Consequences Of Global Environmental Change

The effects of global environmental change, including climate change, UV-B radiation, atmospheric and terrestrial pollutants and genetic engineering, on fungi were considered in detail in Frankland et al. (1996). In the final section of this chapter we highlight some of the issues pertaining to the effects of current predicted climate change on Basidiomycota and, in particular, on the interactions between these fungi and invertebrates.

With increased frequency of summer drought, damage caused by Armillaria spp. is expected to become more prevalent (Rishbeth, 1982; Wargo, 1984). Other Basidiomycota that are dispersed, in some way or another, by invertebrate vectors (see examples above) may see this expansion expedited by the effects of climate. For many invertebrates, particularly insects, geographic ranges are determined largely by climate, while their behaviour, activity and to a large extent abundance are determined by weather variations. Changes in dispersal, migration and distribution patterns may have major consequences.

Invertebrates may exhibit considerable selectivity in their diet preference (Setala et al., 2005). Changes in invertebrate community composition will cascade onto lower trophic levels changing patterns of dominance and composition. Jones et al. (1998), in a study in the Ecotron controlled environment facility at Silwood Park (Lawton, 1996), found that the species composition of a springtail (Collembola) community responded strongly to elevated atmospheric carbon dioxide (CO2). One species, P. minuta, dominated communities at present day

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Proportion in soil community

Figure 3 Effect of elevated CO2 on communities of collembola in soil. Composition of the collembola community at the end (9 months) of ecotron experiments is shown. Microcosm communities were established in soil that was relatively poor in nutrients; They consisted of primary producers, herbivores, secondary consumers (parasitoids) and soil micro- and macroorganisms. All chambers were initiated with the same community; equal densities of each of the five collembola species. For further details see Jones et al. (1998). Data (mean + SEM) from ambient (~350 ppm; open bars) and elevated (ambient+200 ppm; stippled) CO2; n — 8 for each treatment. Pa, Pseudosinella alba; Sp, Sphaeridia pumilis; Pm, Proisotoma minuta; Pra, Protaphorura armata; Fc, Folosmia candida.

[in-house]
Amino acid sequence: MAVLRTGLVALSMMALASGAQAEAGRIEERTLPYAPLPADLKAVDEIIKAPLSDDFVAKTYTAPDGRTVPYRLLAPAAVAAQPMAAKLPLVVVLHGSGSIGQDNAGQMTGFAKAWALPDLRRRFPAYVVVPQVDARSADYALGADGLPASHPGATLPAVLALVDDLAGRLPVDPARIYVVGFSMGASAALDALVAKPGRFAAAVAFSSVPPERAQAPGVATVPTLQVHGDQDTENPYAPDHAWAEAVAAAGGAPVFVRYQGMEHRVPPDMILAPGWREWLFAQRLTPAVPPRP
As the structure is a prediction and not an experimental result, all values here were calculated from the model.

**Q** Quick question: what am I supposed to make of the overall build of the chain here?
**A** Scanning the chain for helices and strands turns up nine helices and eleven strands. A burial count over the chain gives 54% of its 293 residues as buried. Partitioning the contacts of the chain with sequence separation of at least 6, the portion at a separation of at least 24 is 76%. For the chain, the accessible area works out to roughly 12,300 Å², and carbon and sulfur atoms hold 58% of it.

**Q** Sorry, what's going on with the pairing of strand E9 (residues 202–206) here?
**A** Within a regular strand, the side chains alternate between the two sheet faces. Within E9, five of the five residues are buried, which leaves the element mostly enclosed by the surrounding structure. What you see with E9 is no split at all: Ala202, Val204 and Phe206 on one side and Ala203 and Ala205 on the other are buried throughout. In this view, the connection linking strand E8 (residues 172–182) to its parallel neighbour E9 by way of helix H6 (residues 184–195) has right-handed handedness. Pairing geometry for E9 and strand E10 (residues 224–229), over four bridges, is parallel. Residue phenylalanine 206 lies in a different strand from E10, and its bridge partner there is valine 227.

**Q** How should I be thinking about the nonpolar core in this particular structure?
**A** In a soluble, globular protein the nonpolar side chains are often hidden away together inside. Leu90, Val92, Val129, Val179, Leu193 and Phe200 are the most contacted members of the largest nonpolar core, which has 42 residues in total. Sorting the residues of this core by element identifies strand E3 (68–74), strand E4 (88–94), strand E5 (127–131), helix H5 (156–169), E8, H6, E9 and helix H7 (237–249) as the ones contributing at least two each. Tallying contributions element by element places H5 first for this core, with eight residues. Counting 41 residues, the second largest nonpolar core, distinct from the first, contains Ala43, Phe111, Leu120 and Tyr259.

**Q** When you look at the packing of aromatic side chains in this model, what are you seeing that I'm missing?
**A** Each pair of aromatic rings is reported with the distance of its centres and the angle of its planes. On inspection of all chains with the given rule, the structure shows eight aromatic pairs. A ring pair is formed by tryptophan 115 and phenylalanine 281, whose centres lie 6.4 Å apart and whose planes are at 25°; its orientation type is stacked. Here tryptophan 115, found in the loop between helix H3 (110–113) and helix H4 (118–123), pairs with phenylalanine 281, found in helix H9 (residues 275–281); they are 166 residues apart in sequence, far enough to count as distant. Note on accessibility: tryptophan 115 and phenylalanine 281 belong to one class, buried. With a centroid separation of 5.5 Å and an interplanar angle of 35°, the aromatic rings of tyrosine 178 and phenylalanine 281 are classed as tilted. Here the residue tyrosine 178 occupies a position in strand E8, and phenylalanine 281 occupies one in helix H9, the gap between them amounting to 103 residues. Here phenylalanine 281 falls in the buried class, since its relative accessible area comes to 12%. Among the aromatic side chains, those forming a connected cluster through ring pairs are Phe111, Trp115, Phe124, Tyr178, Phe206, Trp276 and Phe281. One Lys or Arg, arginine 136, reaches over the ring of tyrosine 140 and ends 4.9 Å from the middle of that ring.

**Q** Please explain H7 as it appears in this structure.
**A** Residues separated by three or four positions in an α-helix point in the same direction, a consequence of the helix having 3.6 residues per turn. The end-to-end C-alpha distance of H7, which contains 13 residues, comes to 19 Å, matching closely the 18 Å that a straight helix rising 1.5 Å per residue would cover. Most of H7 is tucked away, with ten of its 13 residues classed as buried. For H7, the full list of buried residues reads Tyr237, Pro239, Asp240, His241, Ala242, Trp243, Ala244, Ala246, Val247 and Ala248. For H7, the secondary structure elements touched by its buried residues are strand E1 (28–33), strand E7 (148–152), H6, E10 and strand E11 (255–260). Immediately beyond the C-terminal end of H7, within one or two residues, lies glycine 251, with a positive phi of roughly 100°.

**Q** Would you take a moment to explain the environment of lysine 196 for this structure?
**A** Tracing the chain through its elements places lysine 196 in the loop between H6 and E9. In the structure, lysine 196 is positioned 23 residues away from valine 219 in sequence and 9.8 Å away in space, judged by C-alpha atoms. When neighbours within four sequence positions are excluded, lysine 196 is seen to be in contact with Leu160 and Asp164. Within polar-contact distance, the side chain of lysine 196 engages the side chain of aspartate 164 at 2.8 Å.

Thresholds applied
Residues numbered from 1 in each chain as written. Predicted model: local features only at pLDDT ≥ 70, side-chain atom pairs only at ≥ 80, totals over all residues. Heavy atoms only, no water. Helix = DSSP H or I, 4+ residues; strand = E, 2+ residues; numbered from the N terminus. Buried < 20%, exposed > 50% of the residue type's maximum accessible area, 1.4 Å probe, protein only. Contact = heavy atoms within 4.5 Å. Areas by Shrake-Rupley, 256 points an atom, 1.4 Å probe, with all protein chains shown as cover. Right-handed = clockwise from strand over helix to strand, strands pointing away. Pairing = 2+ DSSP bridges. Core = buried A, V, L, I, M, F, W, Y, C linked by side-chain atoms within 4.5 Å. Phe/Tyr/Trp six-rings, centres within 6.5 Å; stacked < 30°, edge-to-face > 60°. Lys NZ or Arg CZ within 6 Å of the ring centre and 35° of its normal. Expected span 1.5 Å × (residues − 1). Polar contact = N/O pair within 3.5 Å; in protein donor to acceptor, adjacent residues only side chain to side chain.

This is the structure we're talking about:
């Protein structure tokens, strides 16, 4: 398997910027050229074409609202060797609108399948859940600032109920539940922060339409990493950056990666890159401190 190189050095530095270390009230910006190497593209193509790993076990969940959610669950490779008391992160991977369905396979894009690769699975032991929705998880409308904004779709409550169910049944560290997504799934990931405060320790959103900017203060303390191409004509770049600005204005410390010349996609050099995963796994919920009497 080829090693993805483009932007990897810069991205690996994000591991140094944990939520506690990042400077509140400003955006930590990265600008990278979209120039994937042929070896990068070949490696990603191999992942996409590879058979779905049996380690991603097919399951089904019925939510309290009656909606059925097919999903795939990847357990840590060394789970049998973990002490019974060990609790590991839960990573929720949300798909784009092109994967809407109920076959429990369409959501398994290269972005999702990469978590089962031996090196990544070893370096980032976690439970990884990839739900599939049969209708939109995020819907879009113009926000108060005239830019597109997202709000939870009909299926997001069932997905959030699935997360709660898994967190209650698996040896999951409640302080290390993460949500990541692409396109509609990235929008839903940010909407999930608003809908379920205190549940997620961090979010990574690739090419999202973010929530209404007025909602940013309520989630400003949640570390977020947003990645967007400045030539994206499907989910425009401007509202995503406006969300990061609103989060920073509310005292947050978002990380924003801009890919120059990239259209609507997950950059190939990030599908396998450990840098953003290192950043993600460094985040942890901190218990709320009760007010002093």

CO2 concentrations, while another, F. candida, dominated when the carbon dioxide concentration was increased (Figure 3). This change in Collembola populations coincided with differences in the species of soil fungi present in the microcosm (in this experiment mainly Ascomycota). Fungal decomposers of cellulose were present at higher biomass in the elevated CO2 treatments. Only 14 of the 33 species isolated were common to both treatments, whereas 9 and 10 species, respectively, were restricted to present day and elevated CO2 treatments, a pattern unlikely to occur by chance alone. Elevated CO2 in this study appeared to have major effects on the fungal and springtail soil decomposer components of the food chain. The results were very similar in a Swiss grassland study using a Free-Air CO2 Enrichment (FACE) facility (Jones et al., 2000). No comparable study has been carried out centred on Basidiomycota but with the degree of invertebrate grazing known to occur it would seem that increases in CO2, and other associated changes, will undoubtedly modify biotic community composition.

The yellow dunes, where marram grass (Ammophila arenaria) is more or less completely dominant, are characterized by a group of saprotrophic fungi able to thrive at this early stage of succession. They appear to be confined to sand dunes and to require continuous input of newly deposited sand, often using marram or buried rabbit dung as a resource. They are rarely or never found inland. Species include Psathyrella ammophila, Phallus hadriani and the rare taxa Coprinus ammophilae and Hohenbuehelia culmicola (Rotheroe, 1996). Yellow dune, along with dune slack, are the two low lying habitats most likely to be affected by rising sea-levels in Britain; as well as losing rare fungal communities associated invertebrate populations may also decline.

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